Chris Anderson, also of Wired magazine, wrote a very interesting article about the business of “free”. He says, “Once a marketing gimmick, free has emerged as a full-fledged economy”. He attributes this to the falling costs of producing digital content.
“The Web is all about scale, finding ways to attract the most users for centralized resources, spreading those costs over larger and larger audiences as the technology gets more and more capable. It’s not about the cost of the equipment in the racks at the data centre; it’s about what that equipment can do. And every year, like some sort of magic clockwork, it does more and more for less and less, bringing the marginal costs of technology in the units that we individuals consume closer to zero.”
A fantastic example of this would be Radiohead’s album titled In Rainbows that was released in 2007. The band allowed their fans to pay any amount they liked. And yes, that also included $0.00. While official figures were never released by the band’s management, Owsinski’s book on Music 3.0 quoted market research company comScore’s findings to be: 48% of the downloads were paid for, 4% of which paid $20 (the retail cost of a CD) and 12% paid between $8 to $12. These are some pretty telling statistics, that remind us that the True Fan does exist.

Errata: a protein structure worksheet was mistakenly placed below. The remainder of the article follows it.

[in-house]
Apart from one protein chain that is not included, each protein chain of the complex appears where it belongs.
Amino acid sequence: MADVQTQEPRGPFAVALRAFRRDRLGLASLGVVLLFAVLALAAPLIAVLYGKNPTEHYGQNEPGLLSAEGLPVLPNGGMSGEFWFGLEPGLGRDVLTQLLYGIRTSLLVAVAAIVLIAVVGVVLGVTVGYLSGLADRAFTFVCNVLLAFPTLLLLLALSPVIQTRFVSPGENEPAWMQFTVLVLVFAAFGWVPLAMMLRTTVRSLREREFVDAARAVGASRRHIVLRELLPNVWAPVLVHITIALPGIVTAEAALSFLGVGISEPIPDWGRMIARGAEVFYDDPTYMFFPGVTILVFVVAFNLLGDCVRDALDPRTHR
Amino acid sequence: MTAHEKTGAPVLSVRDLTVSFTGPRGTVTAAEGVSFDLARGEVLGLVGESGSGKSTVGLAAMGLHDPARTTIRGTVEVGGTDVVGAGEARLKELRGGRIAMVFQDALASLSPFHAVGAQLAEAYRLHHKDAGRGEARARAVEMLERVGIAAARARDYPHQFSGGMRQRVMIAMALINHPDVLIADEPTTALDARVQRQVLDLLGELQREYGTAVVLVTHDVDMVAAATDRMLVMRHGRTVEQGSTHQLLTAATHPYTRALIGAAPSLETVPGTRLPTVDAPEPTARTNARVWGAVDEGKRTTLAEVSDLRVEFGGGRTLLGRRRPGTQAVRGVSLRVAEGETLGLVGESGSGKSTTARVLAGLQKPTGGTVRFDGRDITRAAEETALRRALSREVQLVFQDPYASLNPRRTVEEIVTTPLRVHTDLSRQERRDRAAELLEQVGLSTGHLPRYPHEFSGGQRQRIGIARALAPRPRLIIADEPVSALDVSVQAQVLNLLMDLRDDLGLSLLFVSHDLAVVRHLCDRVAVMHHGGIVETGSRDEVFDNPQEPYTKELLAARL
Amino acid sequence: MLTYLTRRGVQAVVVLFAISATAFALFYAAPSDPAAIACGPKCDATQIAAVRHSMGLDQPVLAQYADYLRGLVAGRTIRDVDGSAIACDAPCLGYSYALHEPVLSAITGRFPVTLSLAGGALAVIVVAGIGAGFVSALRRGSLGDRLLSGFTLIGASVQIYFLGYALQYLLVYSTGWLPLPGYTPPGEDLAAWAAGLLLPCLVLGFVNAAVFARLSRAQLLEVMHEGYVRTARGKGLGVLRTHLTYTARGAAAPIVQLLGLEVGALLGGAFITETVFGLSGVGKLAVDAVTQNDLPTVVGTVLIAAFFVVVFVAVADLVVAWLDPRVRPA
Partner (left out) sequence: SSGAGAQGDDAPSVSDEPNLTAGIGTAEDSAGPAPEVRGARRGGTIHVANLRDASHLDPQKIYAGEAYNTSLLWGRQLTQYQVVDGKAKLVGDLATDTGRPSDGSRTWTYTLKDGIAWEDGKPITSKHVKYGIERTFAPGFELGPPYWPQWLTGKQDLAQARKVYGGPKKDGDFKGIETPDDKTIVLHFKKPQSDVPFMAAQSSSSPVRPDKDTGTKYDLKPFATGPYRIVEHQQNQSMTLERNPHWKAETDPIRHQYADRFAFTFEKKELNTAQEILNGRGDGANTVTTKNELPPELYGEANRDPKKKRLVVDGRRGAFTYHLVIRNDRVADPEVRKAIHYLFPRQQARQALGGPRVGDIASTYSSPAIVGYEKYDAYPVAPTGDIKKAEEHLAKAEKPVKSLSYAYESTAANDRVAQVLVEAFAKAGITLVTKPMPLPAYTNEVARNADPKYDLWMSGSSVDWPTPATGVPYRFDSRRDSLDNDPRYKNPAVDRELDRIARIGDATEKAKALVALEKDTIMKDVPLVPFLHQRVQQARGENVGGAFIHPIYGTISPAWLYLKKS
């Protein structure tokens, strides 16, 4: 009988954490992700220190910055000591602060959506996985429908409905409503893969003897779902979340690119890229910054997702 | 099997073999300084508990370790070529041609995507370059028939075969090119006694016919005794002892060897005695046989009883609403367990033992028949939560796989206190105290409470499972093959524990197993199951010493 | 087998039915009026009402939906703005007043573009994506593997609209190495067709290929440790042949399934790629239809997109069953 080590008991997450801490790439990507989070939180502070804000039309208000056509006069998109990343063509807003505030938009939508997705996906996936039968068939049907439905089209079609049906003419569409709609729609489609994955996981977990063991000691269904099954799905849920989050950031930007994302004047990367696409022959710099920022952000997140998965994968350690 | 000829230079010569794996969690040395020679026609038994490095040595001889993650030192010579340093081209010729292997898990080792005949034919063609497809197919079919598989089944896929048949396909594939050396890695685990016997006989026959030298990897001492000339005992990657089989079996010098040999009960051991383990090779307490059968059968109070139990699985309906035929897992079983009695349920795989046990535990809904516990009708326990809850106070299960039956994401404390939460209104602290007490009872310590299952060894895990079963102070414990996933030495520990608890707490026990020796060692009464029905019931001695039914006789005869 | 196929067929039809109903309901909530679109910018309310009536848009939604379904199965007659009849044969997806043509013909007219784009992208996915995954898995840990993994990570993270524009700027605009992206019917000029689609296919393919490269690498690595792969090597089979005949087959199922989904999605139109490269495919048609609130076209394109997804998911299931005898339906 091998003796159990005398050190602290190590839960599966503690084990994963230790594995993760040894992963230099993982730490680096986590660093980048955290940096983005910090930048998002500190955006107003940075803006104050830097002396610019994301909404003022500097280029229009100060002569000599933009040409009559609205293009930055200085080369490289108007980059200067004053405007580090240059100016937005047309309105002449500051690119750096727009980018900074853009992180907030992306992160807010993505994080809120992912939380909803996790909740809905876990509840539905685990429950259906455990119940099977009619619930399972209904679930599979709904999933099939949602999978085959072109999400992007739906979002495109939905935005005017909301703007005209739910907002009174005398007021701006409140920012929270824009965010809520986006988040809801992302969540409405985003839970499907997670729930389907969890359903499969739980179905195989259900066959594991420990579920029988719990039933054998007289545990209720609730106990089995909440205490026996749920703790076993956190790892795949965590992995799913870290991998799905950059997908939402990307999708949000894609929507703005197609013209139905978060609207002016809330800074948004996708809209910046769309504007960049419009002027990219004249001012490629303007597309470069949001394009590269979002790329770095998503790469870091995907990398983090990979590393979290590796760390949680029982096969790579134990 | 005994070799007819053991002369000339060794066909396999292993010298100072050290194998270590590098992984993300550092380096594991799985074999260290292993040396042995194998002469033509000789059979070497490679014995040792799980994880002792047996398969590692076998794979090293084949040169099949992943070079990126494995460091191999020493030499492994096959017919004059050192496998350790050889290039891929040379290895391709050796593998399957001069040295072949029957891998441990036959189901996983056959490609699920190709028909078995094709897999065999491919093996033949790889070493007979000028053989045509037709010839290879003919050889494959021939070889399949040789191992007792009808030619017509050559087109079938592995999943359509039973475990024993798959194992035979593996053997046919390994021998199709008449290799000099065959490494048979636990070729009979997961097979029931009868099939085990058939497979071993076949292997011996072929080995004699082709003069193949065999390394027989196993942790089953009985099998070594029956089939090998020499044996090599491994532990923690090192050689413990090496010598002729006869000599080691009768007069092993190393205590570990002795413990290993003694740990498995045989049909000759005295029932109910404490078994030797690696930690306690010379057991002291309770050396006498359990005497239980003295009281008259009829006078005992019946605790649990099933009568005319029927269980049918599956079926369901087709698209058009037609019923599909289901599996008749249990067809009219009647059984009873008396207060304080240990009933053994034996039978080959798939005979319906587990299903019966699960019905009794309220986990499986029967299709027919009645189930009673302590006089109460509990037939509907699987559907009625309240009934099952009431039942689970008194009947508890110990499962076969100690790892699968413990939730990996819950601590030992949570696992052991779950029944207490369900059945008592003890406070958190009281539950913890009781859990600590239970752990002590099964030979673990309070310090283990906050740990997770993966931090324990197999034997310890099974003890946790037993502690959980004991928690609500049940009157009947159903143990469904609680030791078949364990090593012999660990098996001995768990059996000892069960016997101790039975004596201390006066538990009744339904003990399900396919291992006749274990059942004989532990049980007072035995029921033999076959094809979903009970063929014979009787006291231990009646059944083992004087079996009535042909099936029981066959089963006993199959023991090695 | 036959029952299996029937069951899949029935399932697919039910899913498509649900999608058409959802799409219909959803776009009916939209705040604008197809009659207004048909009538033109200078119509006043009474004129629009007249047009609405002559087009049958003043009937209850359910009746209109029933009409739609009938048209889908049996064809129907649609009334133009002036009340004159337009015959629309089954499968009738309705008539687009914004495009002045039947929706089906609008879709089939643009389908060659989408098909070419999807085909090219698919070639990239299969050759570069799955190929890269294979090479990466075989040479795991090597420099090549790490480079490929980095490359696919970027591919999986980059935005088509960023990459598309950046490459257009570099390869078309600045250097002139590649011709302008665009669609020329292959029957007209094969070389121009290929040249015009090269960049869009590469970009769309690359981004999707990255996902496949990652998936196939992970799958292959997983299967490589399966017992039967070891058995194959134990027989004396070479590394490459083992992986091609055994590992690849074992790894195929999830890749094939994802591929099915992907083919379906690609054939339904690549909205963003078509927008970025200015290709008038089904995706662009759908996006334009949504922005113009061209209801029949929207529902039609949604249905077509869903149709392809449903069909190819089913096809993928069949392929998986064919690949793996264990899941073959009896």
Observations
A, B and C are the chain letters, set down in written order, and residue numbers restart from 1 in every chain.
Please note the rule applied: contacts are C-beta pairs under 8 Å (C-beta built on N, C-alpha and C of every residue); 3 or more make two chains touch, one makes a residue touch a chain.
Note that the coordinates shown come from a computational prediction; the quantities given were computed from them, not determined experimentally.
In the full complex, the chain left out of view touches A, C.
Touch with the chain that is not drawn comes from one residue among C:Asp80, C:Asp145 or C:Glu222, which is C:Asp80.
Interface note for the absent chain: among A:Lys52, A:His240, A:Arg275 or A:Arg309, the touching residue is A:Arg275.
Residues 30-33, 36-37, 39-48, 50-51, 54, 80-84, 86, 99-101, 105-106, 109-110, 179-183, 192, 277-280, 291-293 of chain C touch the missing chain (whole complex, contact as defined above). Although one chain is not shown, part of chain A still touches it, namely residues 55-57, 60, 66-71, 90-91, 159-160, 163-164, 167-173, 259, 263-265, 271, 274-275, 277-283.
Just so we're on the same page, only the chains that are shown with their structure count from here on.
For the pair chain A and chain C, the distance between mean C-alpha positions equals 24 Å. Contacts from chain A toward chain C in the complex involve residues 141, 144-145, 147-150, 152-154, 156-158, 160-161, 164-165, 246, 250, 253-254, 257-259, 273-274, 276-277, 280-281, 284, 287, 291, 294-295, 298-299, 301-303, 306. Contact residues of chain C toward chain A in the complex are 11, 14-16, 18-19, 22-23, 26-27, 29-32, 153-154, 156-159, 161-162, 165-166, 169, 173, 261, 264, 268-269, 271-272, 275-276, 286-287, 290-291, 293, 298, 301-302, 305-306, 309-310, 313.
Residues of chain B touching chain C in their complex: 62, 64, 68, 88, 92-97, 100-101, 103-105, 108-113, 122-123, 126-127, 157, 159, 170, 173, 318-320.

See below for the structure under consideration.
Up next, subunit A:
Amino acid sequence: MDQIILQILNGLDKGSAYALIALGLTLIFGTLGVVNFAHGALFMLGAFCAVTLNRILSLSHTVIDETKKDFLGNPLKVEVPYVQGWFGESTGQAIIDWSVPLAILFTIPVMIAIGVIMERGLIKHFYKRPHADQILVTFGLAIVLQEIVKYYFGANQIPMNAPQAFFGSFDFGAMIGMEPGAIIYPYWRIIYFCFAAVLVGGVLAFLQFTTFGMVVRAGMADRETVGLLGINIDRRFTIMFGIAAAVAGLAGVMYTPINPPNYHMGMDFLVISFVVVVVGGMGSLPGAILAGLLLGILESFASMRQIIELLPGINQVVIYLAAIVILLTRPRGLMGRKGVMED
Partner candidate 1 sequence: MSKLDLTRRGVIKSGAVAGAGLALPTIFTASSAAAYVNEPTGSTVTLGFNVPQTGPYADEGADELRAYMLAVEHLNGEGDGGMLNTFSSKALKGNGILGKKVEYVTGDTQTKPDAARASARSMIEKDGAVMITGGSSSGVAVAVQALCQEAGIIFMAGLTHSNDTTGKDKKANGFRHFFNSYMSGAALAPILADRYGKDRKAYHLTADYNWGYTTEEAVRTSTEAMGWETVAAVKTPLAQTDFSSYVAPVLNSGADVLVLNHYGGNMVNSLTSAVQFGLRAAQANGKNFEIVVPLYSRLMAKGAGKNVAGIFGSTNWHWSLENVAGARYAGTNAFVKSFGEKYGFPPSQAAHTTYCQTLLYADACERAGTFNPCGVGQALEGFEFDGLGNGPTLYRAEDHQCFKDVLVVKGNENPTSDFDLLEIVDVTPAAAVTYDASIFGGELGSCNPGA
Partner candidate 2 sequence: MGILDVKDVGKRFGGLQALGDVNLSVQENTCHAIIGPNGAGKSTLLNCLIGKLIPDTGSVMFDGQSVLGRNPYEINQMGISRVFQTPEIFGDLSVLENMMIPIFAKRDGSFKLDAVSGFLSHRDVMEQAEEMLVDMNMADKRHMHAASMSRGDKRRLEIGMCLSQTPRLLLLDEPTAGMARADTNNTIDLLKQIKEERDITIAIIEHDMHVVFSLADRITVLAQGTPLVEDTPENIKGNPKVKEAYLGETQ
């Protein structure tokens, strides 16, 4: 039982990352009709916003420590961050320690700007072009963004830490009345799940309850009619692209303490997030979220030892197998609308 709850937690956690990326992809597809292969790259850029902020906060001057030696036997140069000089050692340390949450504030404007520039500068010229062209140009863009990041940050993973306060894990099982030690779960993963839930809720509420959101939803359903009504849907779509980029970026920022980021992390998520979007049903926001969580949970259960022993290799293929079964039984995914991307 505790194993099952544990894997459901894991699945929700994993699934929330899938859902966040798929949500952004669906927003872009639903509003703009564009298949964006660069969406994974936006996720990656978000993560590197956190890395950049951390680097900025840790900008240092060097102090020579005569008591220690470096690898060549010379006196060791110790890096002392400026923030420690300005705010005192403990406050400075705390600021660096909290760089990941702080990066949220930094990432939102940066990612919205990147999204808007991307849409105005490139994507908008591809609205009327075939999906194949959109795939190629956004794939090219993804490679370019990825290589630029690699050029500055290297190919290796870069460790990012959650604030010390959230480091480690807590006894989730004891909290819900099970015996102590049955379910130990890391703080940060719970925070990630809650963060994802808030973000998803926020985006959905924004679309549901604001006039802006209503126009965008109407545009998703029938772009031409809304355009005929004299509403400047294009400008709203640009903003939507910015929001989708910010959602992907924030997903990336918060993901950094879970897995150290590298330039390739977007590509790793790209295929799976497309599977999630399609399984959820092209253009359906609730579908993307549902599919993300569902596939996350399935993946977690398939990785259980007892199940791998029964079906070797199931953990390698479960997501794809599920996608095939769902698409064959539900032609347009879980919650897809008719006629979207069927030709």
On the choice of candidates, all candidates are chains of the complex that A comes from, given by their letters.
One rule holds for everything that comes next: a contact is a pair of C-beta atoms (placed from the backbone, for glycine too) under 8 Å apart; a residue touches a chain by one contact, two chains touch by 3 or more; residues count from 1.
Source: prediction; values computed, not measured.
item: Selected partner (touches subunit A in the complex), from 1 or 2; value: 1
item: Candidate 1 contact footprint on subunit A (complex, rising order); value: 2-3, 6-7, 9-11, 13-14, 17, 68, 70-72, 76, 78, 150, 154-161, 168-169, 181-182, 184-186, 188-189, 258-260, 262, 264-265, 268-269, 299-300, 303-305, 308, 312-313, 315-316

In the article, he reminds us that offering a product (such as an audio file, in this case) for free does not mean that you have absolutely zero profits. Instead, he encourages us to consider the idea that providing something for free can lead to something else. Perhaps linking this to Kelly’s 1,000 True Fans Theory, Lesser Fans may be nurtured into True Fans by feeding them with free content; telling them that the artist cares about their fans by rewarding them for supporting their music.